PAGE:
Saturday, 1 October 2011

Character Design: Weighing in on Women Protagonists

This article can be found at PixelxCore.

Like all media telling a story, characters in video games require detail and definition - especially player characters. It's not just the gameplay mechanics that make up your digital avatar; exploration into interesting costume design, back story, dialogue/voice acting and even animations go towards making your avatar identifiable and worthy of emotional investment. It's what puts Nathan Drake miles apart from Duke Nukem when mechanically they're just means to an artillery.

However, the range of backgrounds in video game protagonists is still rather limited, when compared to books or film. While there are all different kinds of 'noble hero' characters (often falling into the majority demographic of straight, white and male) - differing in body type and personality; minority protagonists are a lot more uncommon. A black player character is rather anomalous - and have fun thinking of 5 or more protagonists who aren't straight.

Having recently observed the problematic train wreck (link is NSFW) that was Duke Nukem Forever, and the recent decision to have the female version of Commander Shepard as the main face of Mass Effect 3, I feel a lot more aware of women in protagonist roles. While they're not uncommon (an RPG without any kind of woman party member would be incredibly strange); whether they're handled well and varied is another matter.

Samus is one of the most-cited examples of a well-handled woman protagonist in games - the game design video series Extra Credits loves to cite her as an example; but I don't necessarily feel her portrayal is so cut-and-dry. In her original appearances, the hints to Samus being female are few and far between (I remember a lot of people surprised at finding out Samus was a woman - including myself).

She's cool, capable, and her battle armour doesn't fall into the stereotypical design flaws of having 'boob-plate', or an exposed midriff. On the other hand, she comes across as incredibly personality-deprived. While the very early games get an excuse in a lack of scope in animation or dialogue, with the suit on, Samus may as well be a robot - though once the suit comes off, she is suddenly svelte and sassy.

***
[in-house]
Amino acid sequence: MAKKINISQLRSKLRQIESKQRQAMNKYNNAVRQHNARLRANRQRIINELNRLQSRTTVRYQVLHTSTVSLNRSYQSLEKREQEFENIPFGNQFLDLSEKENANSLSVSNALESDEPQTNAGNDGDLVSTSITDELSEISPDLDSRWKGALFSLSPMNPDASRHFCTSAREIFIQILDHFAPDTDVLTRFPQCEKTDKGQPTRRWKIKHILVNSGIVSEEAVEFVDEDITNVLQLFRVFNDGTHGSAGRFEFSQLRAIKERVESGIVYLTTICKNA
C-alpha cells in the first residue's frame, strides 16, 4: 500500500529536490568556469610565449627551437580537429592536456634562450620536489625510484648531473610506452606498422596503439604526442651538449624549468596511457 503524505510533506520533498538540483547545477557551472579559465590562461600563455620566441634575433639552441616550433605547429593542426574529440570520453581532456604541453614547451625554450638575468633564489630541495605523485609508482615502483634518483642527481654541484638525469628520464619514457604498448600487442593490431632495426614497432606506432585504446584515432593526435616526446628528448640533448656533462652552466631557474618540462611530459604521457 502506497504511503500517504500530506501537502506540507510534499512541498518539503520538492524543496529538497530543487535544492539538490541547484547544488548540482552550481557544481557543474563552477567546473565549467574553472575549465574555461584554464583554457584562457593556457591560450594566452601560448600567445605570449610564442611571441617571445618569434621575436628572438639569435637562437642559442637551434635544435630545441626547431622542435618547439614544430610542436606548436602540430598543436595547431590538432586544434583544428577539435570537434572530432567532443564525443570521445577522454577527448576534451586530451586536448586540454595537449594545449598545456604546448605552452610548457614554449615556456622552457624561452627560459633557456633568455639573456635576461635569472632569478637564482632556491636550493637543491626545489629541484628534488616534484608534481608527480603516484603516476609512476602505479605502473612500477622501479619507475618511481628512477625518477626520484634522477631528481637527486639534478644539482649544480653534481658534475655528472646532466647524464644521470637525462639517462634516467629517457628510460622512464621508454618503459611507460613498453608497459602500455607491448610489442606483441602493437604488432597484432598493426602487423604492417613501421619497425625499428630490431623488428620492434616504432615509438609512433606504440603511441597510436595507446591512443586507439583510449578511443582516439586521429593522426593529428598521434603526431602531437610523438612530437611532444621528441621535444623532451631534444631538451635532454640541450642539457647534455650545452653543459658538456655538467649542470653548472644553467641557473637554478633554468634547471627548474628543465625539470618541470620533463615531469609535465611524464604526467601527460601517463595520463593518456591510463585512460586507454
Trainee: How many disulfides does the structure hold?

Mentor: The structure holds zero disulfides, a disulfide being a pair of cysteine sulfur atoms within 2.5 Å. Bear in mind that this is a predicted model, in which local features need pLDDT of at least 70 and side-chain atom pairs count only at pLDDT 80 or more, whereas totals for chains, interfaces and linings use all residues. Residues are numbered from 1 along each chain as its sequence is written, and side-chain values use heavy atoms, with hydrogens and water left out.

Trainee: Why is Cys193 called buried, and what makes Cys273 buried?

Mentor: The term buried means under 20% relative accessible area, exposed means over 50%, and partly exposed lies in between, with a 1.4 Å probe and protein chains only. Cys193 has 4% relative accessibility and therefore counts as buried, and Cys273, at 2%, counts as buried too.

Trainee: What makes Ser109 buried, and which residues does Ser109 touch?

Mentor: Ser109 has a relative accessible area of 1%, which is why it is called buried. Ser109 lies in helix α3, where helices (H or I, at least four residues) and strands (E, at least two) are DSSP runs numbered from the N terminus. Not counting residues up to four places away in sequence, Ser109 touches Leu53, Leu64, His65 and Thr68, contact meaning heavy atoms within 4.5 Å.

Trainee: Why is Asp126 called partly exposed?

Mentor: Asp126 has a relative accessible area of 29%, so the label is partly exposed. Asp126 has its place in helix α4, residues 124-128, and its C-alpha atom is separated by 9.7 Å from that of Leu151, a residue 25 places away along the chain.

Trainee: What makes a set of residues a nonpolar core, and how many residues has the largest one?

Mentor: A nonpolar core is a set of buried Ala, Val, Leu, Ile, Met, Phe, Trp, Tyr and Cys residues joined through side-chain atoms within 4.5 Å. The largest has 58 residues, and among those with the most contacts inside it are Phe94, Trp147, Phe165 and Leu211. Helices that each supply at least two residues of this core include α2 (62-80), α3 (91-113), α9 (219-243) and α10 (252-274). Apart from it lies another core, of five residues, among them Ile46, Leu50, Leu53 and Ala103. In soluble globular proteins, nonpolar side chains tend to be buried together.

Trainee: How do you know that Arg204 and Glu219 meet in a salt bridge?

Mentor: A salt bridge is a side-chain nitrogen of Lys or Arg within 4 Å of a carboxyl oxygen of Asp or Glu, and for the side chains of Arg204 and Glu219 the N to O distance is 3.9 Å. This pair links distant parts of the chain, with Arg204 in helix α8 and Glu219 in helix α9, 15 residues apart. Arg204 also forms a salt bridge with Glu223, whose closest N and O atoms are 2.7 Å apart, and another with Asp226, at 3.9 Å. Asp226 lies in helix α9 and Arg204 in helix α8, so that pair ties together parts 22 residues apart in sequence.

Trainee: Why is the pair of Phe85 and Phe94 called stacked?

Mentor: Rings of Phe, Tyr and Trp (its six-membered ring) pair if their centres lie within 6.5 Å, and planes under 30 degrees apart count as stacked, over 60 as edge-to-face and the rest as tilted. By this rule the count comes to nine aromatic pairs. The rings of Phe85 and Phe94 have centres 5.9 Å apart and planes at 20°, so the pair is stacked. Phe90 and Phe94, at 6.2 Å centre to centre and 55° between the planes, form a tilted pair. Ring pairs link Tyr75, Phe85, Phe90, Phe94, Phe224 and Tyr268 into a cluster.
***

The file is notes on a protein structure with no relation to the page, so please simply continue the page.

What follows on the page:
The rendition of Samus in Metroid: Other M is much worse, though the approach is different. Samus is much more notably female in her animations without sacrificing her armour style or fighting prowess. On the other hand, the attempt at giving her dialogue ended up veering wildly from what minimal original characterisation she had - suddenly losing some of her 'lone wolf' attitude, and a ham-fisted attempt at creating character relations with her commander instead came across as supplicant to a fault. My personal favourite rendition of Samus would be her appearance in Super Smash Bros. Brawl. The game's story mode is without dialogue; meaning Samus' personality is portrayed entirely through her actions, and it's handled quite well for something arguably throw-away.

Beyond Good and Evil was a very interesting game with disproportionately little advertising and press; it tried a lot of things to make itself unique - stealth segments, hovercraft racing, photography, a well-rounded female lead... wait, what's this?

Jade stands out as my personal favourite example of a great woman protagonist. It manages to straddle a thin line of a character having markedly (though socially assumed) feminine traits, but those traits not being the driving force behind everything she is. She has a motherly trait in her taking care of orphans, she wears make-up, and she is by no means unshapely; but her practical fashion reflects the action-oriented work she does, she's a charismatic leader without relying on her figure, and she's sure of herself and her goals. Her partner characters are both male (one of whom ticks all the buttons for 'brave masculine protagonist'), but they both treat her with respect (though could you imagine what the gameplay would be like if they didn't?). What stops Jade from being perfectly well-rounded is her lack of flaws. Hyper-competence is almost always going to be a factor of a playable character; but Jade's actions and interaction are unwaveringly 'the right thing to do'; somewhat ironic, considering the game title.

BG&E reminds us that the key to great characterisation is not avoiding all tropes that are part of a stereotype; but using those aspects in conjunction with other, maybe even contrasting elements to bring about someone well-rounded and likeable. Just don't be afraid to add character flaws.

Bayonetta has been incredibly divisive as a character among critics. Some find her openness about sexuality and her determination to do things only on her own terms progressive; others notice the extreme pandering to the male gaze, and find the lethality of her sexuality to ring hollow. An interview with the director, Hideki Kamiya, clears up most of my suspicions - many aspects of Bayonetta's design have been brought forth from the turn-ons of some of the design team, and Hideki's creepy stance on women (to which Bayonetta would not be the first victim...).

Design-wise, this has lead to Bayonetta being very specifically designed as fetish-bait. As her clothes are made from her enchanted hair, whenever a Wicked Weave attack is performed (which will be often, if you're playing well), her clothing gets a lot skimpier. Her proportions are entirely inhuman - accentuating legs and waist with a tiny head - why would you need to be looking at her expression when you could be looking at her ass? Everything is delicate and feminine, from the lipstick-shaped lock-on reticule to the way the damage Bayonetta takes results in explosions of rose petals and butterflies. There's nothing intrinsically wrong with that direction, but its inclusion feels condescending, like nothing else would suit a woman in an action role. (It's something that also has me worried about Lollipop Chainsaw...)